1. Sachdev, A.H. and Pimentel, M., 2013. Gastrointestinal bacterial overgrowth: pathogenesis and clinical significance. Therapeutic advances in chronic disease, 4(5), pp.223-231.
2. Dukowicz, A.C., Lacy, B.E. and Levine, G.M., 2007. Small intestinal bacterial overgrowth: a comprehensive review. Gastroenterology & hepatology, 3(2), p.112.
3. Grace, E., Shaw, C., Whelan, K. and Andreyev, H.J.N., 2013. small intestinal bacterial overgrowth–prevalence, clinical features, current and developing diagnostic tests, and treatment. Alimentary pharmacology & therapeutics, 38(7), pp.674-688.
4. Bures, J., Cyrany, J., Kohoutova, D., Förstl, M., Rejchrt, S., Kvetina, J., Vorisek, V. and Kopacova, M., 2010. Small intestinal bacterial overgrowth syndrome. World journal of gastroenterology: WJG, 16(24), p.2978.
5. Franco, D.L., Disbrow, M.B., Kahn, A., Koepke, L.M., Harris, L.A., Harrison, M.E., Crowell, M.D. and Ramirez, F.C., 2015. Duodenal aspirates for small intestine bacterial overgrowth: yield, PPIs, and outcomes after treatment at a tertiary academic medical center. Gastroenterology research and practice, 2015.
6. Ghoshal U. C. (2011). How to interpret hydrogen breath tests. Journal of neurogastroenterology and motility, 17(3), 312– 317. doi:10.5056/jnm.2011.17.3.312
7. Lo, W.K. and Chan, W.W., 2013. Proton pump inhibitor use and the risk of small intestinal bacterial overgrowth: a meta- analysis. Clinical Gastroenterology and Hepatology, 11(5), pp.483-490.
8. Chen, W. C., & Quigley, E. M. (2014). Probiotics, prebiotics & synbiotics in small intestinal bacterial overgrowth: opening up a new therapeutic horizon!. The Indian journal of medical research, 140(5), 582–584.
9. Soifer, L.O., Peralta, D., Dima, G. and Besasso, H., 2010. Comparative clinical efficacy of a probiotic vs. an antibiotic in the treatment of patients with intestinal bacterial overgrowth and chronic abdominal functional distension: a pilot study. Acta gastroenterologica Latinoamericana, 40(4), pp.323-327.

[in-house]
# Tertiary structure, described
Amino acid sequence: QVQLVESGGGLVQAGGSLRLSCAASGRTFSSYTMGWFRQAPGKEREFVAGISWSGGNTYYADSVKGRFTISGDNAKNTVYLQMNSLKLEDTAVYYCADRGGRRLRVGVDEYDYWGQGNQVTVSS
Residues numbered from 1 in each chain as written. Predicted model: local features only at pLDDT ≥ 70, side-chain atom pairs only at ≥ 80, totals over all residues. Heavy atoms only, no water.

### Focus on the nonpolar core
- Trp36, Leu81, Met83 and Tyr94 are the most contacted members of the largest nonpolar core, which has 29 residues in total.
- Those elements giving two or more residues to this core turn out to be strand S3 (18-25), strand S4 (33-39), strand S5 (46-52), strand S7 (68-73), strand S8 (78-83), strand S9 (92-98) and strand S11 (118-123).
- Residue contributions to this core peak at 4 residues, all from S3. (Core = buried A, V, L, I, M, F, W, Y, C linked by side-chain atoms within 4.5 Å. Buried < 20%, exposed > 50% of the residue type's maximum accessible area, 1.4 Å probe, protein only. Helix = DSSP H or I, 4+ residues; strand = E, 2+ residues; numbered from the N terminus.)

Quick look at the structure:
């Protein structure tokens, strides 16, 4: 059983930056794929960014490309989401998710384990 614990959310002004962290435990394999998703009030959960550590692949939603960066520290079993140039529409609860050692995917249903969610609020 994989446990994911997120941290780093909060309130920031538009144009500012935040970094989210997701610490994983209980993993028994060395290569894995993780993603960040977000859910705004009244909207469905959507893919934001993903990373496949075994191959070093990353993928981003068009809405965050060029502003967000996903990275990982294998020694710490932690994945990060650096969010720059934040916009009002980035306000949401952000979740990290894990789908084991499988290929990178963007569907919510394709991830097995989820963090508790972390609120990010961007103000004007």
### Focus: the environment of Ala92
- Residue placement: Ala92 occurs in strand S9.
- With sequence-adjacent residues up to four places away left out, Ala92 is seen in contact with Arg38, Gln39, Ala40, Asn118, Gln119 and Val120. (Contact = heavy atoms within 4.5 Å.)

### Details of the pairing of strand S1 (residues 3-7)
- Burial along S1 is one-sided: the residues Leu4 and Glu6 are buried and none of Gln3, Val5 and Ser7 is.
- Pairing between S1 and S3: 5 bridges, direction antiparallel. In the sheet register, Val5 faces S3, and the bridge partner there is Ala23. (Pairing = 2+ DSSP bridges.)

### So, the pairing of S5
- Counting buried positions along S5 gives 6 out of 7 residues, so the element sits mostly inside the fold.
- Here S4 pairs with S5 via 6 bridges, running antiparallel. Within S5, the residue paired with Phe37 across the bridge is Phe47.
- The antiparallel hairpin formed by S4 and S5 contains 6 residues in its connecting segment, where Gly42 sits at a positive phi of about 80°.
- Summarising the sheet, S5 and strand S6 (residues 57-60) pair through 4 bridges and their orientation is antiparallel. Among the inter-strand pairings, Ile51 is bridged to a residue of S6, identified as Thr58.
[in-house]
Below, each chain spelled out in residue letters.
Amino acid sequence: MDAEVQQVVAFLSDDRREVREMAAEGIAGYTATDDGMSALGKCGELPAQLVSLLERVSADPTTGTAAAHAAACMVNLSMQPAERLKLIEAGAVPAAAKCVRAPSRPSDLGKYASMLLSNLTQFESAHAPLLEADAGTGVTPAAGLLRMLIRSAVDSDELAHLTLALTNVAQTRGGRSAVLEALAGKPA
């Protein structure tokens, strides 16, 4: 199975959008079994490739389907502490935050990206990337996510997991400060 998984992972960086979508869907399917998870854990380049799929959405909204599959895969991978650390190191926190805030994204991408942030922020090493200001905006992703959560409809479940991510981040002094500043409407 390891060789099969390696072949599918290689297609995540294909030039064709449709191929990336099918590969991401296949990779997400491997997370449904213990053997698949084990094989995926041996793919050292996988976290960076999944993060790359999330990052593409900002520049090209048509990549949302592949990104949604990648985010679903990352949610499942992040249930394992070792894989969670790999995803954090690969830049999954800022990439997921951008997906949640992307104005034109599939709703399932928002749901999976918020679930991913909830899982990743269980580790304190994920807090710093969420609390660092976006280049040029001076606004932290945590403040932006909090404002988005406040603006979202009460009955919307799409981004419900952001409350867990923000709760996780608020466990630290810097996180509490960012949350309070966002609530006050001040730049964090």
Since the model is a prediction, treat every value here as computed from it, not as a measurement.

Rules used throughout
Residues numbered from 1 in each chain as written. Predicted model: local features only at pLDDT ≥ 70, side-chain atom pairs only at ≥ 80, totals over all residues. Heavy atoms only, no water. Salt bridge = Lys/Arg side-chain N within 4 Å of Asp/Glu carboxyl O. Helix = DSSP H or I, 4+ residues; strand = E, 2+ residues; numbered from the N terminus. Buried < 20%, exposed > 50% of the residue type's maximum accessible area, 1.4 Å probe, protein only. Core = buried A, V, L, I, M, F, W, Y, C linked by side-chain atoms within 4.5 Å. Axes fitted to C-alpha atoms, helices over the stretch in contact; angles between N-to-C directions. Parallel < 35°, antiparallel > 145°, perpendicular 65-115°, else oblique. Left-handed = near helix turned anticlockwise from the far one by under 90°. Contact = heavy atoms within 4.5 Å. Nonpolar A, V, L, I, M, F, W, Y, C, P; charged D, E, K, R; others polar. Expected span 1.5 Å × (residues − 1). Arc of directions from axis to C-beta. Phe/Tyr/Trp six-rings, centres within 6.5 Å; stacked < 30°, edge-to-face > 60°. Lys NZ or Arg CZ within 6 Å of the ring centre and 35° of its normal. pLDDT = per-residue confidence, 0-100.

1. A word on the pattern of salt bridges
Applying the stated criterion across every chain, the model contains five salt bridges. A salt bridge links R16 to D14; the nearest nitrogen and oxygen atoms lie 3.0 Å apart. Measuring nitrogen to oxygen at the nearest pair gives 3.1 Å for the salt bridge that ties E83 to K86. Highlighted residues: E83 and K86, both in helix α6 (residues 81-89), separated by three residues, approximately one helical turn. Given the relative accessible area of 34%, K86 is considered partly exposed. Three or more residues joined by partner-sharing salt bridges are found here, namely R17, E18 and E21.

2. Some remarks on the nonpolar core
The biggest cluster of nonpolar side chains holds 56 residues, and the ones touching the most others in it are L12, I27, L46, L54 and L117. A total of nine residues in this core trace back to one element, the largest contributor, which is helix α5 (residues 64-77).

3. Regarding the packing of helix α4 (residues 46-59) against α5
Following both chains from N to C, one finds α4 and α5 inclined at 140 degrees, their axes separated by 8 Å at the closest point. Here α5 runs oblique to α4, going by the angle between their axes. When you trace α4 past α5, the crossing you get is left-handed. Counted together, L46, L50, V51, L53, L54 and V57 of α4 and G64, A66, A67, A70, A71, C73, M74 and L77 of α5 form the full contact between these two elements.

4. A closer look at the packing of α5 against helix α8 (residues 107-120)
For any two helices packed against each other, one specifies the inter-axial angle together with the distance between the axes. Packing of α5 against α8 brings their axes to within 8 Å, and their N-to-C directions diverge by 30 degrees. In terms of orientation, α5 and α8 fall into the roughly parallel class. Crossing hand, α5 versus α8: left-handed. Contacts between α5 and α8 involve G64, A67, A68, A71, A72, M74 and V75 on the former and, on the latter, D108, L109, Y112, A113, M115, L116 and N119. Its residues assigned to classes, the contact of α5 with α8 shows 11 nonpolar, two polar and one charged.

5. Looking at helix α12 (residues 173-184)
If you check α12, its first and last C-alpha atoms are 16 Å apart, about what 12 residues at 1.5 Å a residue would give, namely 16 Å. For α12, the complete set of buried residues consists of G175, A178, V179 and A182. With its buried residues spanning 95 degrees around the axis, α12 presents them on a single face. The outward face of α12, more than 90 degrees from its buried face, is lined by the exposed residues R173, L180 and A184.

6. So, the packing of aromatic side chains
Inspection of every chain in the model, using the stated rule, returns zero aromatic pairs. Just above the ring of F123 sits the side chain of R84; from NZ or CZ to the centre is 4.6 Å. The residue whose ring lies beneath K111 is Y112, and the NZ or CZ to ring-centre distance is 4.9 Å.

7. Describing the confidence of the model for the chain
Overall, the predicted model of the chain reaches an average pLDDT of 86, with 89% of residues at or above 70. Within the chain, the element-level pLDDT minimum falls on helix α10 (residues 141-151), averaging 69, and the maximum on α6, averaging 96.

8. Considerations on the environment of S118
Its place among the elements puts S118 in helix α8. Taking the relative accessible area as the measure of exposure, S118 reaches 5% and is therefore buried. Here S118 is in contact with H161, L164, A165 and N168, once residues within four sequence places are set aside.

10. L Madsen, K., 2012. Enhancement of epithelial barrier function by probiotics. Journal of Epithelial Biology and Pharmacology, 5(1).
11. Krishna Rao, R. (2012). Role of Glutamine in Protection of Intestinal Epithelial Tight Junctions. Journal of Epithelial Biology and Pharmacology, 5(1), pp.47-54.
12. Dulantha Ulluwishewa, Rachel C. Anderson, Warren C. McNabb, Paul J. Moughan, Jerry M. Wells, Nicole C. Roy., 2011. Regulation of Tight Junction Permeability by Intestinal Bacteria and Dietary Components, The Journal of Nutrition, Volume 141, Issue 5, Pages 769–776, https://doi.org/10.3945/jn.110.135657
13. Lan, A., Blachier, F., Benamouzig, R., Beaumont, M., Barrat, C., Coelho, D., Lancha Jr, A., Kong, X., Yin, Y., Marie, J.C. and Tomé, D., 2014. Mucosal healing in inflammatory bowel diseases: is there a place for nutritional supplementation?. Inflammatory bowel diseases, 21(1), pp.198-207.
14. Bereswill, S., Muñoz, M., Fischer, A., Plickert, R., Haag, L.M., Otto, B., Kühl, A.A., Loddenkemper, C., Göbel, U.B. and Heimesaat, M.M., 2010. Anti-inflammatory effects of resveratrol, curcumin and simvastatin in acute small intestinal inflammation. PloS one, 5(12), p.e15099.
15. Konturek, P.C., Brzozowski, T. and Konturek, S.J., 2011. Stress and the gut: pathophysiology, clinical consequences, diagnostic approach and treatment options. J Physiol Pharmacol, 62(6), pp.591-599.
16. Pimentel, M., 2006. A new IBS solution. California, Health Point Press.